Essay on Bias and False Memory Recall

Essay on Bias and False Memory Recall

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Memory refers to the “facts, events or other kinds of information we have acquired in the past and the processes involved in the acquisition, retention and retrieval of the this information” (Glisky, 2011). We rely on the validity of our memories everyday to perform basic functions such as recalling our name, age and home address. Our memory also forms an integral part of our personality: our recollection of our life experiences. However, can our memory be trusted? This essay will endeavour to show that, while we may feel as though our memory is certain, it is easily tricked and its accuracy cannot be relied upon. This will be achieved using an explanation of bias and its effect on source memory in two different psychological studies - Appearance-Based Inferences Bias Source Memory (Cassidy, Zebrowitz and Gutchess, 2012) and Who’s funny: Gender Stereotypes, Humour Production, and Memory Bias (Mickes et al., 2012). The first study looks into how facial characteristics affect source memory and the latter study investigates the interrelationship between gender and humour and how the associated bias and stereotypes affect the recall of comedic captions. Source memory is the ability to remember the context in which information was presented, rather than what was presented alone (Pandey, 2011). Also, it must be established that, in this context, bias is defined as the “distorting influences of present knowledge, beliefs, and feelings on recollection of previous experiences” (Schacter, 1999).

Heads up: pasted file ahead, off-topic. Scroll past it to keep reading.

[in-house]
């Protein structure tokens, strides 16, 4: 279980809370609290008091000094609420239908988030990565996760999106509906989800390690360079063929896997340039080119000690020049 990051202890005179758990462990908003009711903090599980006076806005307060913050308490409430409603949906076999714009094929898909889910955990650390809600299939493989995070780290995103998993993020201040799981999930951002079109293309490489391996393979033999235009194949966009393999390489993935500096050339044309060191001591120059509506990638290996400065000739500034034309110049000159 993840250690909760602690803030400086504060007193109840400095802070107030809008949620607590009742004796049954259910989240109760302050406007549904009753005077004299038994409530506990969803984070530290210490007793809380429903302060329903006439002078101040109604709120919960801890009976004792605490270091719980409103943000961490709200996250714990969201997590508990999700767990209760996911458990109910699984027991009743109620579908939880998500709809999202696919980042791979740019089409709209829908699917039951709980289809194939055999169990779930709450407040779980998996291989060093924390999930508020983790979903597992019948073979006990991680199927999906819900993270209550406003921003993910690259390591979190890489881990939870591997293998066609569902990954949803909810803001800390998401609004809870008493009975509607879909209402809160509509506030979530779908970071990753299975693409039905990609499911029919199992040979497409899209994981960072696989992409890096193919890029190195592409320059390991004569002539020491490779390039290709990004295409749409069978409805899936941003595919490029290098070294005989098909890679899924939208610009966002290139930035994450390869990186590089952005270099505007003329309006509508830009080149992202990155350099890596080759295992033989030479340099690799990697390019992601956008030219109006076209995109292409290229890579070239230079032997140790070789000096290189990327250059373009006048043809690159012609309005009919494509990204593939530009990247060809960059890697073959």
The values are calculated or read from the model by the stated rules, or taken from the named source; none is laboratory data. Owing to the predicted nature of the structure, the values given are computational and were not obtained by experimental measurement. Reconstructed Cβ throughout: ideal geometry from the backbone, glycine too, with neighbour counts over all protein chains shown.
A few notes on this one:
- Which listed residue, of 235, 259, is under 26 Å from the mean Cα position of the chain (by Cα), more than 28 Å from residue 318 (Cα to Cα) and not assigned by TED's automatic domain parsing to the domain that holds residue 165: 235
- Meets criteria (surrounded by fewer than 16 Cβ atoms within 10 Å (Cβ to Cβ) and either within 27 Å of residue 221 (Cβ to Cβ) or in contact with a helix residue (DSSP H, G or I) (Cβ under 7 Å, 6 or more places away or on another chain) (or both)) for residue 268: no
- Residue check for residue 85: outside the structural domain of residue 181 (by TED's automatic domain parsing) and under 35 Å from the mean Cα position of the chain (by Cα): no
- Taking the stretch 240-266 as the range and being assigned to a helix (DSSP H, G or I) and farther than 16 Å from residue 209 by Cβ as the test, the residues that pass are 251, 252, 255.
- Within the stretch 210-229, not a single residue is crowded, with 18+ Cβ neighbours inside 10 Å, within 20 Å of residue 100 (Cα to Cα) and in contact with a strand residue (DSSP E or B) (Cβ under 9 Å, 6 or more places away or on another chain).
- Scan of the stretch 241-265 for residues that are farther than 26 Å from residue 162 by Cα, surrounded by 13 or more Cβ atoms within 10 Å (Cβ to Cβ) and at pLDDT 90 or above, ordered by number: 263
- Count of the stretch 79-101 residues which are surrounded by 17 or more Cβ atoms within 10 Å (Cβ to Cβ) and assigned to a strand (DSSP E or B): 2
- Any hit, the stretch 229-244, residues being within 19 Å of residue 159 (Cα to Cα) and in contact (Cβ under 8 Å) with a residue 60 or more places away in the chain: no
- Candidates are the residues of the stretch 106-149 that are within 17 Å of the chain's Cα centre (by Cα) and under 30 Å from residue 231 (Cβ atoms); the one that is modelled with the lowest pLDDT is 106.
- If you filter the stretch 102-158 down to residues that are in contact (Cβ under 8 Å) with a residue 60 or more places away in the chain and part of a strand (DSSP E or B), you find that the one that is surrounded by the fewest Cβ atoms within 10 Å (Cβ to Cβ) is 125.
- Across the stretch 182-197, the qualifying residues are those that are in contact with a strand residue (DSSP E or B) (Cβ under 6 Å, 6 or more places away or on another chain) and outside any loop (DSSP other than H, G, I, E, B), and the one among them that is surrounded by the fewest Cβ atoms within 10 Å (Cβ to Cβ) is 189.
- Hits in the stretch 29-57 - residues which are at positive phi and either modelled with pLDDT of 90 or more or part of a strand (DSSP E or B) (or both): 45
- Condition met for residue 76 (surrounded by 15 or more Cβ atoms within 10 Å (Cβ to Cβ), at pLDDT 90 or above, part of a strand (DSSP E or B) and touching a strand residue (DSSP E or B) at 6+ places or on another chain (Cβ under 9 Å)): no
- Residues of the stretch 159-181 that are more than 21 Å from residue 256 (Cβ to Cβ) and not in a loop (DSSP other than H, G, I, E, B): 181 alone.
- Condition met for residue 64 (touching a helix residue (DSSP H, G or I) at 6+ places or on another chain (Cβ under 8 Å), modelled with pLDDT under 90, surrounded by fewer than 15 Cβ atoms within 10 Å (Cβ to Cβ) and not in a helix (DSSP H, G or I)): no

The first study, Appearance-Based Inferences Bias Source Memory, investigated how facial characteristics, in this case whether or not a person had a ‘baby-face’ (IV), contributes to source memory (DV). Someone is considered to have a ‘baby-face’ whe...


... middle of paper ...


...ed inferences bias source memory. Memory & cognition, 40(8), pp.1214–1224.
Glisky, E. (2011). Memory. In Caplan, B., DeLuca, J., & Kreutzer, J. (Ed.), Encyclopedia of Clinical Neuropsychology. Springer-Verlag Berlin Heidelberg.
Hicks, J., & Cockman, D. (2003). The effect of general knowledge on source memory and decision processes. Journal Of Memory And Language, 48(3), 489--501.
Mickes, L., Walker, D., Parris, J., Mankoff, R. and Christenfeld, N. (2012). Who’s funny: Gender stereotypes, humor production, and memory bias. Psychonomic Bulletin & Review, 19(1), pp.108–112.
Pandey, J. (2011). Source Memory. In Caplan, B., DeLuca, J., & Kreutzer, J. (Ed.), Encyclopedia of Clinical Neuropsychology. Springer-Verlag Berlin Heidelberg.
Schacter, D. L. (1999). The seven sins of memory: Insights from psychology and cognitive neuroscience. American Psychologist, 54 (3), p. 182.

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